Bin Laden’s death: the morality of celebrating

Gathering to celebrate death – © AFP/File Chris Kleponis


WASHINGTON (AFP) – Amid the public revelry, flag waving and cries of joy, some Americans are standing back and questioning the propriety of the raucous celebrations which followed the killing of Osama bin Laden.

“It’s awkward to celebrate anyone’s death, but it is impossible to feel remorse for one who has caused so much pain and needless suffering in the world,” explained the Republican representative from the state of Utah, Rob Bishop.

Late Sunday evening, after President Barack Obama announced the death of the Al Qaeda chief, there was an explosion of emotion across the country. Thousands of younger Americans, mostly students, gathered in front of the White House to shout and cheer.

“I never felt such emotions,” said John Kelley, 19. “In my town, we lost a lot of loved ones. It’s something they have been waiting for, for so long.”

Kelley, who is originally from New Jersey, where many of the victims of the World Trade Center bombing lived, said when he heard the news, “My knee started shaking. I called my best friend. He lost his brother in 9/11. He was overcome with joy. ‘It’s too good to be true,’ he said. ‘It’s hard to believe.'”

Celebrations broke out not only in the middle of Washington, but all around the region, from Rockville to Silver Spring in Maryland.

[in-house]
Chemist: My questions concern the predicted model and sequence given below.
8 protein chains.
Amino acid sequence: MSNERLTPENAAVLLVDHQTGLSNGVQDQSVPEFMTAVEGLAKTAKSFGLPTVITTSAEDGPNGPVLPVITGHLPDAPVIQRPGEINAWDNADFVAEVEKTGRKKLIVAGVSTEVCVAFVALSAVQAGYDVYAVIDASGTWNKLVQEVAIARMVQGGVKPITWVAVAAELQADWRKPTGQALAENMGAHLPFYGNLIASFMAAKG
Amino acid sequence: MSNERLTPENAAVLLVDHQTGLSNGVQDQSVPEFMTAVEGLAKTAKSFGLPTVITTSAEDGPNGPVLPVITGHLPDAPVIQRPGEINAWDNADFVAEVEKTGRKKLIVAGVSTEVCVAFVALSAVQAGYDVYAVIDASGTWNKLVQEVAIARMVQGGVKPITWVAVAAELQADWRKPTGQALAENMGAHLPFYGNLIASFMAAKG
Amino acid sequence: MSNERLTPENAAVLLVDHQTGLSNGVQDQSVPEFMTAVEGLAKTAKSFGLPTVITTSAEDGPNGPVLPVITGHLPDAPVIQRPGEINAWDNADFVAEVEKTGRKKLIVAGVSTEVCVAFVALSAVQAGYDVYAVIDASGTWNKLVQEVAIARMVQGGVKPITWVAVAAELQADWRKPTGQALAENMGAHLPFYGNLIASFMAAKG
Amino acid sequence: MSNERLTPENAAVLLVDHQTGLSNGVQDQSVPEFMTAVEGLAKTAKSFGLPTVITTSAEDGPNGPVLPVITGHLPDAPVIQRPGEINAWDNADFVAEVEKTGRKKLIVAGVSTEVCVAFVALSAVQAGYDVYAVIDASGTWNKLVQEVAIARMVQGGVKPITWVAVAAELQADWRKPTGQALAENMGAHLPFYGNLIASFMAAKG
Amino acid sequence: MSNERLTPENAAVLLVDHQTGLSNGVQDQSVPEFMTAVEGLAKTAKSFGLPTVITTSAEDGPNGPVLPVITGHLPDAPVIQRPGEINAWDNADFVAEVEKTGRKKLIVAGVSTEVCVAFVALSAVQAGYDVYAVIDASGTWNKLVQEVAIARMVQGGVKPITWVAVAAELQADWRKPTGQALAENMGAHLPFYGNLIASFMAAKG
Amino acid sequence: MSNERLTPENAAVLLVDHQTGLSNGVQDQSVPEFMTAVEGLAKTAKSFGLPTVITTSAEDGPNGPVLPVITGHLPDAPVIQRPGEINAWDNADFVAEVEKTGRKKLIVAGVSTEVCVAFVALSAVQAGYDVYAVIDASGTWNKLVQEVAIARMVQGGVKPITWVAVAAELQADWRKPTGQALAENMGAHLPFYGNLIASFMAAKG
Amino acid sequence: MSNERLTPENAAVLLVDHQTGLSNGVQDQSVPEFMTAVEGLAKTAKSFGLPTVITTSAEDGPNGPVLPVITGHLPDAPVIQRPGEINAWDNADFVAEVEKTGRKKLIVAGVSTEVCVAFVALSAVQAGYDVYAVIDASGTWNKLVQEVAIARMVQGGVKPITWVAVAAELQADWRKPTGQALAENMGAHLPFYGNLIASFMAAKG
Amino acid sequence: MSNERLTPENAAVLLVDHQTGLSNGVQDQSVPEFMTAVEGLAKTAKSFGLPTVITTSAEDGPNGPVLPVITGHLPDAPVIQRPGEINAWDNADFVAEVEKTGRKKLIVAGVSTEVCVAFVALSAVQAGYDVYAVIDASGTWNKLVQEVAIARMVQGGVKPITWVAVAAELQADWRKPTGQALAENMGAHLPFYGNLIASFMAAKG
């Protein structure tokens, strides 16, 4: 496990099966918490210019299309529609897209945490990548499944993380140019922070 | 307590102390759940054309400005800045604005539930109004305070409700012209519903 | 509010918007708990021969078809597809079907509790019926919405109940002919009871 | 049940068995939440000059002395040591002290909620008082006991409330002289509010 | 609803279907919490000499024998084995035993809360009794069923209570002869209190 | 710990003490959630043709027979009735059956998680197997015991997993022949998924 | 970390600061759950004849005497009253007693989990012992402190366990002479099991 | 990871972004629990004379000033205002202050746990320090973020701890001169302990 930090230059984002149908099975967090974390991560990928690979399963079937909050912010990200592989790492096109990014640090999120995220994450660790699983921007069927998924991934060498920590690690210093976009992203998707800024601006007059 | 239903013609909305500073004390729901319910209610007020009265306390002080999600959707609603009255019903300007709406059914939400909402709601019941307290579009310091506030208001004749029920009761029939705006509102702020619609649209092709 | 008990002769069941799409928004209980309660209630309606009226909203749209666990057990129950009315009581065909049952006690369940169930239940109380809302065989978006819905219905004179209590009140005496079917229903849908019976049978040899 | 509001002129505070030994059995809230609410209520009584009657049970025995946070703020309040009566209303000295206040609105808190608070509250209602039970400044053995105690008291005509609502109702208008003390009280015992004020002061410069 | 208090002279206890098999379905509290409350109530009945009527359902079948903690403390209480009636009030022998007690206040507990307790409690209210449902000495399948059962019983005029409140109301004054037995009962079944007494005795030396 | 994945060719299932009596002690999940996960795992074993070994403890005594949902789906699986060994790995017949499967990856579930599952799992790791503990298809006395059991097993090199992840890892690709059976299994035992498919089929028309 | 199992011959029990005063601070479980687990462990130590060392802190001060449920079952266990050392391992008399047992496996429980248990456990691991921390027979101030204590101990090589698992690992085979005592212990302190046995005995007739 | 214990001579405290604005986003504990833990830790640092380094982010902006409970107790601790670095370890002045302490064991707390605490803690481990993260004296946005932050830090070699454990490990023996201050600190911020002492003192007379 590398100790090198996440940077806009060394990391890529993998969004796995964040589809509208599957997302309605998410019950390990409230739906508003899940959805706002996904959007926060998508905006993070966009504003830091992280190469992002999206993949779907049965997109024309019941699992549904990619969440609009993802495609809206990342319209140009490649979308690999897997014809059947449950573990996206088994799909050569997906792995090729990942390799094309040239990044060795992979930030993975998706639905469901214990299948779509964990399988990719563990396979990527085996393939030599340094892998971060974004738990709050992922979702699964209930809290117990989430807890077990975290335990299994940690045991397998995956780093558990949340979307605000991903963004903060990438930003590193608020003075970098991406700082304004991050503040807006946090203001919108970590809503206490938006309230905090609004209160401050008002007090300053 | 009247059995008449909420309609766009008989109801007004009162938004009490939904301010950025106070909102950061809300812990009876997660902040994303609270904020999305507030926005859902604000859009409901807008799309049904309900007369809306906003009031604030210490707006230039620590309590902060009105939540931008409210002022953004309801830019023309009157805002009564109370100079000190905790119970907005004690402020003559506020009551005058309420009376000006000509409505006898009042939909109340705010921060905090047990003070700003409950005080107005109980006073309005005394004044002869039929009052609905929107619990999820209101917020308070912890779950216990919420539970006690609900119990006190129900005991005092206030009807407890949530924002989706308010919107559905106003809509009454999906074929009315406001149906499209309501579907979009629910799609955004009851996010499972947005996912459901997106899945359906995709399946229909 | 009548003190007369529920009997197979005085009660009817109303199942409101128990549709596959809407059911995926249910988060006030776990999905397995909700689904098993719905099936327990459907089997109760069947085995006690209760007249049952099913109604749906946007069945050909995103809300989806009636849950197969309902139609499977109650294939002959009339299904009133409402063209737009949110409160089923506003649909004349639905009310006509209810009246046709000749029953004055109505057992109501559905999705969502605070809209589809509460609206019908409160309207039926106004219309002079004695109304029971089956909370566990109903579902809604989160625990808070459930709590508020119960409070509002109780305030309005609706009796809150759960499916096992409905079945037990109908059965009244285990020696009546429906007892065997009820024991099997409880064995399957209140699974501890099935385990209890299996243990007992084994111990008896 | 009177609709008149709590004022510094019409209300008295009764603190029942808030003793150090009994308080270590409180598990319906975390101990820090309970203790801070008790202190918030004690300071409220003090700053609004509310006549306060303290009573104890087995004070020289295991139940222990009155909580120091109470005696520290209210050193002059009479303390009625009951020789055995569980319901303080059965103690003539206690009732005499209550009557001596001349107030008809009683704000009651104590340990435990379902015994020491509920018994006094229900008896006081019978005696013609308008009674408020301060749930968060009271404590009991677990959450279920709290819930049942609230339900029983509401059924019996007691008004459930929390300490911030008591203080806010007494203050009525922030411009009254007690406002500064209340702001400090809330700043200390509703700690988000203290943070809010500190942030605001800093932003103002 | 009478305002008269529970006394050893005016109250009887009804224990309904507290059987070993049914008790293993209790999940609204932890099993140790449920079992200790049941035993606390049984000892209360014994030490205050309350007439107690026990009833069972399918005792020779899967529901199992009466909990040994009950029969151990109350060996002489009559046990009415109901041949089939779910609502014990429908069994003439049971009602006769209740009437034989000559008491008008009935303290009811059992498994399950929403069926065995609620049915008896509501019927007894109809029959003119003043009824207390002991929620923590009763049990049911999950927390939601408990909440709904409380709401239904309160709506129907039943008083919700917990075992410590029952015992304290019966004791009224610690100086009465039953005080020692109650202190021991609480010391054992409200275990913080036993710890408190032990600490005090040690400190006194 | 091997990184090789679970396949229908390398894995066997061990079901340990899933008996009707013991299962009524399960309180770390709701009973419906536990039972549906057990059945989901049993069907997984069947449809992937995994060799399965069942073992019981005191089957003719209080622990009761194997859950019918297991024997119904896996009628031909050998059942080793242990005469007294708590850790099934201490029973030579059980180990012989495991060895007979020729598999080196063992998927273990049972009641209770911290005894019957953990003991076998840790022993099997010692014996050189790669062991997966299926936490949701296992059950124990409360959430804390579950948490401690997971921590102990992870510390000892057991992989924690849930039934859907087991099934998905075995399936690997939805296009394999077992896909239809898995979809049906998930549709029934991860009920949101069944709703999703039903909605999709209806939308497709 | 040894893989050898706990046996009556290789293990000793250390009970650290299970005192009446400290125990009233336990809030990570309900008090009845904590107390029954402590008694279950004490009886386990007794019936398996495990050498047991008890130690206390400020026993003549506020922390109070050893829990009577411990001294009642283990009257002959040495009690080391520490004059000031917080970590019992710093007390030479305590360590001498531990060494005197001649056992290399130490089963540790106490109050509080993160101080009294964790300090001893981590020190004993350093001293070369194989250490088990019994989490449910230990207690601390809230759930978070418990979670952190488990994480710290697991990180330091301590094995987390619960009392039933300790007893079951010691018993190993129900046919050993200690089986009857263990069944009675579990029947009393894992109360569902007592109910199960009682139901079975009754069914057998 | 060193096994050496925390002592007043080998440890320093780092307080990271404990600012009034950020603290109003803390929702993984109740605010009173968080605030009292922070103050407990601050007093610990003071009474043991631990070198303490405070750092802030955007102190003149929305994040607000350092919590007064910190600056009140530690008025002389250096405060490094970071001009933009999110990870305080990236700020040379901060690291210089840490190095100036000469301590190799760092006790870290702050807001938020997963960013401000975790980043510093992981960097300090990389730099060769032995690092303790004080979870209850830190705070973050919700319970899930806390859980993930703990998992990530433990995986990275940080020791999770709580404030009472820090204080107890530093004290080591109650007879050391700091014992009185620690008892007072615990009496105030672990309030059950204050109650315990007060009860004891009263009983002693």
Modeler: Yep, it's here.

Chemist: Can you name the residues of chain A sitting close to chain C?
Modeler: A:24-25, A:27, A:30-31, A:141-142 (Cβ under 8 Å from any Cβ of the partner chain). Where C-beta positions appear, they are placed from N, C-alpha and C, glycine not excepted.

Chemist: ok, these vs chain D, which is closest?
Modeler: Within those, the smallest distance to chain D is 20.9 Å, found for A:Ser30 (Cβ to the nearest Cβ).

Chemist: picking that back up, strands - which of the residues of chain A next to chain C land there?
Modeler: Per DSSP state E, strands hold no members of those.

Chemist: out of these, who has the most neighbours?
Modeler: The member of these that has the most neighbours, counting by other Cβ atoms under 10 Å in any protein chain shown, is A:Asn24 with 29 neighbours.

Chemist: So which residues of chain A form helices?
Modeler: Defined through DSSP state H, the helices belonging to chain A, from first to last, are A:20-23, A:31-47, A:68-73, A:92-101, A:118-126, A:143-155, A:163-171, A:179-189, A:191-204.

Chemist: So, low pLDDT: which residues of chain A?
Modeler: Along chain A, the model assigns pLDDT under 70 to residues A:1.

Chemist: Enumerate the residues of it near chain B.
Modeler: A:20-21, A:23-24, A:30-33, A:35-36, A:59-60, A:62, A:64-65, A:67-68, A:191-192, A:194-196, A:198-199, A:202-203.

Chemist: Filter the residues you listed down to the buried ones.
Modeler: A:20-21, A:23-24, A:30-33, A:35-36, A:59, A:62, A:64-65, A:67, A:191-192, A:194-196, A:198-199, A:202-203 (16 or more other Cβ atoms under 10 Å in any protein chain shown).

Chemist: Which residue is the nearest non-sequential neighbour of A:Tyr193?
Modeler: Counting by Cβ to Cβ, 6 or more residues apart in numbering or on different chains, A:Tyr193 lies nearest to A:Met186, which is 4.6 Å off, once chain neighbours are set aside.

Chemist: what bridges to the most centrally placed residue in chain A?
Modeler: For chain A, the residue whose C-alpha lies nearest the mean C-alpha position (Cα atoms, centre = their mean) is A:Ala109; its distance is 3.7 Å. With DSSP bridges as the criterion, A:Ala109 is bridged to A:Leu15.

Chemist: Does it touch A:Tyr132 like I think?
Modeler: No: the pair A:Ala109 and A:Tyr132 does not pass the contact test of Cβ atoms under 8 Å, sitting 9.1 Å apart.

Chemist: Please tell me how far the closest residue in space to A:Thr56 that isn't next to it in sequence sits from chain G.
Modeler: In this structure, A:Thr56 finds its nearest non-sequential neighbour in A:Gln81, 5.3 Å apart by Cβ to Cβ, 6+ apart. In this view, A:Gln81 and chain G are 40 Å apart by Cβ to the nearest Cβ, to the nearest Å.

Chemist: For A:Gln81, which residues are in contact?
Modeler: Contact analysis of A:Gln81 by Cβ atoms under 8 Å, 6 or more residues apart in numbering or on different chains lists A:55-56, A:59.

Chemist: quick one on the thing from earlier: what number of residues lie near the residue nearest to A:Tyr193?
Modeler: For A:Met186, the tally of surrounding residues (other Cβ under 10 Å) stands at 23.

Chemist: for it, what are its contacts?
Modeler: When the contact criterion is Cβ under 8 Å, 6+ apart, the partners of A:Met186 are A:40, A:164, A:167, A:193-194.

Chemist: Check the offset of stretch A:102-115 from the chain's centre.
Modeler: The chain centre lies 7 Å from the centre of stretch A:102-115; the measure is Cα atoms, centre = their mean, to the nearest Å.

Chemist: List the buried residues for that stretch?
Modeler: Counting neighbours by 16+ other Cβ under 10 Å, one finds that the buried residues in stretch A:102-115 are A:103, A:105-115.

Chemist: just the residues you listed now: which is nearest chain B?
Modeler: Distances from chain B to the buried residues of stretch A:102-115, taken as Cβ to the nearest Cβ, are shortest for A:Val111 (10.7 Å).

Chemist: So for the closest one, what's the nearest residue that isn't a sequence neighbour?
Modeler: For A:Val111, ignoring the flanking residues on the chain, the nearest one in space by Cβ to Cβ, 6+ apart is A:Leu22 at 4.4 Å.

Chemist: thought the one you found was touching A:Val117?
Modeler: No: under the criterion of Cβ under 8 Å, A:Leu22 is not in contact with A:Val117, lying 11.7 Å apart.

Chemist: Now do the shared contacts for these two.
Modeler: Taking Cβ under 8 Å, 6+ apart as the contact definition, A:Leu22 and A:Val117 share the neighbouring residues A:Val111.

“I’m very glad he’s gone, and I hope that it results in a resurgence of optimism in this country,” said a jubilant Robert Wood, a student at Washington’s Georgetown University.

New Yorkers gravitated to midtown Times Square and downtown, to the site of Ground Zero, where many brandished copies of the New York Daily News tabloid whose headline read: “Rot in Hell!”

“Today I’m just proud to be an American,” said James Vigiatura, 51, and a waiter. “I’m here to celebrate his death.”

But once the initial reaction to bin Laden’s death had passed, a number of blogs, newspapers, and religious leaders starting raising questions. “Is it morally right to celebrate bin Laden’s death ?” wondered a CNN blog during Obama’s Thursday visit to Ground Zero where the president, quietly and without speaking publicly, marked the operation.

Two days earlier, an influential Catholic priest, Edward Beck, had criticized the cheering demonstrations. “We cannot judge who is evil and good… only God can,” he said while interviewed on the popular talk show ‘The O’Reilly Factor,’ which airs on the conservative Fox network. We must “love and forgive our enemies,” he added.

Episcopal priest and university professor Danielle Tumminio agreed: “I think people have a right to celebrate,” she said. “There’s nothing wrong with holding up American flags. But I don’t think we should celebrate the taking of life.”

It was the same sentiment expressed by an Imam in Saint Louis, Missouri, Muhammad Hasic. “I don’t think it’s possible to control the celebrating,” he said. “It’s a natural reaction, especially for people who’ve felt the consequences of his actions.” But nonetheless, Hasic said, “I cannot think of any example in sacred texts suggesting that it’s okay to celebrate someone’s death”.

For Tom Pyszczynski, however, a psychologist and specialist in the “theory of terror management,” the reactions were entirely predictable and “natural.”

“I would say that the rejoicing about bin Laden’s killing was a very natural human reaction to a serious trauma,” he said. “Much like a rape victim who is satisfied when her attacker is punished, or perhaps how Europeans — and people the world over — felt when Hitler died.

“The basic idea is that when people experience something together like bin Laden’s death, it makes it more real,” said Pyszczynski. “Human beings need to know that their experiences and feelings are shared by others.”

© AFP — Published at Activist Post with license

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